The key distinction between this instance and earlier disputes raised in relation to the formation of a new State lies in the fact that never before has an Amendment Bill been rejected by the State legislature in question. Both in Babulal Parate (Supreme Court) and Pradeep Chaudhary (Supreme Court, 2009) seminal judgments of the Court dealing with the creation of Bombay and Uttaranchal respectively, the issue before the Court was whether it was open to Parliament to amend the final Bill after the State legislature had expressed its views on an earlier, unamended version. In both cases, the Supreme Court, adopting a literal interpretation of Article 3, held that there was no requirement that an amendment to a Bill forming a new State would also have to be referred to the State legislature concerned. Such interpretation is arguably correct — the proviso to Article 3 simply states that the Bill must be sent to the State legislature concerned for expressing its views within a specified period. The provision is silent on whether later amendments have to be referred, as well as on the effect that the views of the State legislatures will have. Thus read literally, even a wholesale rejection of the Bill can be ignored by Parliament, since Article 3 merely gives State Assemblies a consultative role — their views are not binding on Parliament in any way.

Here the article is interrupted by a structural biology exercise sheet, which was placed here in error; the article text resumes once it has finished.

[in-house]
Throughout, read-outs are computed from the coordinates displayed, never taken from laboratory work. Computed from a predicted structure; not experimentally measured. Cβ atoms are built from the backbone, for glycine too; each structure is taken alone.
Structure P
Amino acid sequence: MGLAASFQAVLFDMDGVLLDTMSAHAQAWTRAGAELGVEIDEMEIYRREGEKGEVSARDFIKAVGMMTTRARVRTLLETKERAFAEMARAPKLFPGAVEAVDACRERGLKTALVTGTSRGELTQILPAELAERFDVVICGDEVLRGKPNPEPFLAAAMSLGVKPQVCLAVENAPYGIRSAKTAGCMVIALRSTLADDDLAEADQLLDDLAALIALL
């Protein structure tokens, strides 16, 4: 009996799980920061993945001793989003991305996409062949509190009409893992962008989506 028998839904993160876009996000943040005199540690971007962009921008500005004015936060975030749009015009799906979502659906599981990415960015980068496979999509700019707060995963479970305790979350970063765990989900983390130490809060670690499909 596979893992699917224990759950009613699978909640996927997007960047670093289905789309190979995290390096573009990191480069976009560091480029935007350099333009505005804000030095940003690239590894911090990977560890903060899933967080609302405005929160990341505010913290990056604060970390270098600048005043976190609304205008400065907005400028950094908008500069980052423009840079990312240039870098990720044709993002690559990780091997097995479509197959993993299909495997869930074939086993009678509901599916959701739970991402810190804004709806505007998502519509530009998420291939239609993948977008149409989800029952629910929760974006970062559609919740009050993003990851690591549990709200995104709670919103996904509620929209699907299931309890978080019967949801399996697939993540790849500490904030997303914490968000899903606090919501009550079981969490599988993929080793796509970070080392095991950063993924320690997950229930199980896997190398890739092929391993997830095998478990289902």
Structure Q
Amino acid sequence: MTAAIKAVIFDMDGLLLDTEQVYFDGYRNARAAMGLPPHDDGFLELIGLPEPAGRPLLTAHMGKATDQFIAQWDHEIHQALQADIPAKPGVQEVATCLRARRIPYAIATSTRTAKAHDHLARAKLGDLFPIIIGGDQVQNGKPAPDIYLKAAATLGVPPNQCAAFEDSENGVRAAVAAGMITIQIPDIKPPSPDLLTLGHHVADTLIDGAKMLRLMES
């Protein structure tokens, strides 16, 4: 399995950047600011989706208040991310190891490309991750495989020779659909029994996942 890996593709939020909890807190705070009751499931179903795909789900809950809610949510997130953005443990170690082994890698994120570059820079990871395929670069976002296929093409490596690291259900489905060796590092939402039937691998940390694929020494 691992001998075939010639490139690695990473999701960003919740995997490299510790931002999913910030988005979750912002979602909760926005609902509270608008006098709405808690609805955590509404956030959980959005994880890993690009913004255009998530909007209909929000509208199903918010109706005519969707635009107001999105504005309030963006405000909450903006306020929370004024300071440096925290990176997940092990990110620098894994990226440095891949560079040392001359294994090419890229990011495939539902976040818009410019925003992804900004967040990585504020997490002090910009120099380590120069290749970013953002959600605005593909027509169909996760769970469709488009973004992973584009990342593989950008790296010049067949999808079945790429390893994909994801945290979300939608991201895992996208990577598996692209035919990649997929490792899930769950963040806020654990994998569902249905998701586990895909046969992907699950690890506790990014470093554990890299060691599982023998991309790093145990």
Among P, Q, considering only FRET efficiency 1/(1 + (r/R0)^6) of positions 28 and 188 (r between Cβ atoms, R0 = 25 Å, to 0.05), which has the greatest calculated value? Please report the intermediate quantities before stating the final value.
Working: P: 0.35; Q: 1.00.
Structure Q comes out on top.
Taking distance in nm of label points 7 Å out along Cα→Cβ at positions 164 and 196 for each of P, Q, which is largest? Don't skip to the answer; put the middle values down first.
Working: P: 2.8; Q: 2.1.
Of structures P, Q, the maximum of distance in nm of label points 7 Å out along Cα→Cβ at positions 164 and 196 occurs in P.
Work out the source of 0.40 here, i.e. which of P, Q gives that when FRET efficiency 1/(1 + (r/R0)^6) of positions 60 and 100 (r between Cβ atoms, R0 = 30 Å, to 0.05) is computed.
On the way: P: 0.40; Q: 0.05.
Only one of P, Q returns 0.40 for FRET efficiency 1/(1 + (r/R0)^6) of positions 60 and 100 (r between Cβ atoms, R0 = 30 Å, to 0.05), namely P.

However, to treat the State’s views as carrying merely formal value, as has been widely suggested, would render the constitutional process of consultation entirely nugatory in a matter of national importance. The current proviso to Article 3 was introduced by the Constitution (Fifth Amendment) Act, 1955. Before this amendment, the President could only introduce an Amendment Bill in Parliament after referring it to the State legislatures concerned for their views. This was a time-consuming process, allowing States to vacillate in responding, thereby frustrating the efforts of the government of India. This amendment was necessary to lay the groundwork for the smooth passage of the States’ Reorganisation Commission Report that recommended a radical redrawing of State boundaries and creation of new States. By adequately circumscribing State power, it was felt that no single State could hold up the process of reorganisation.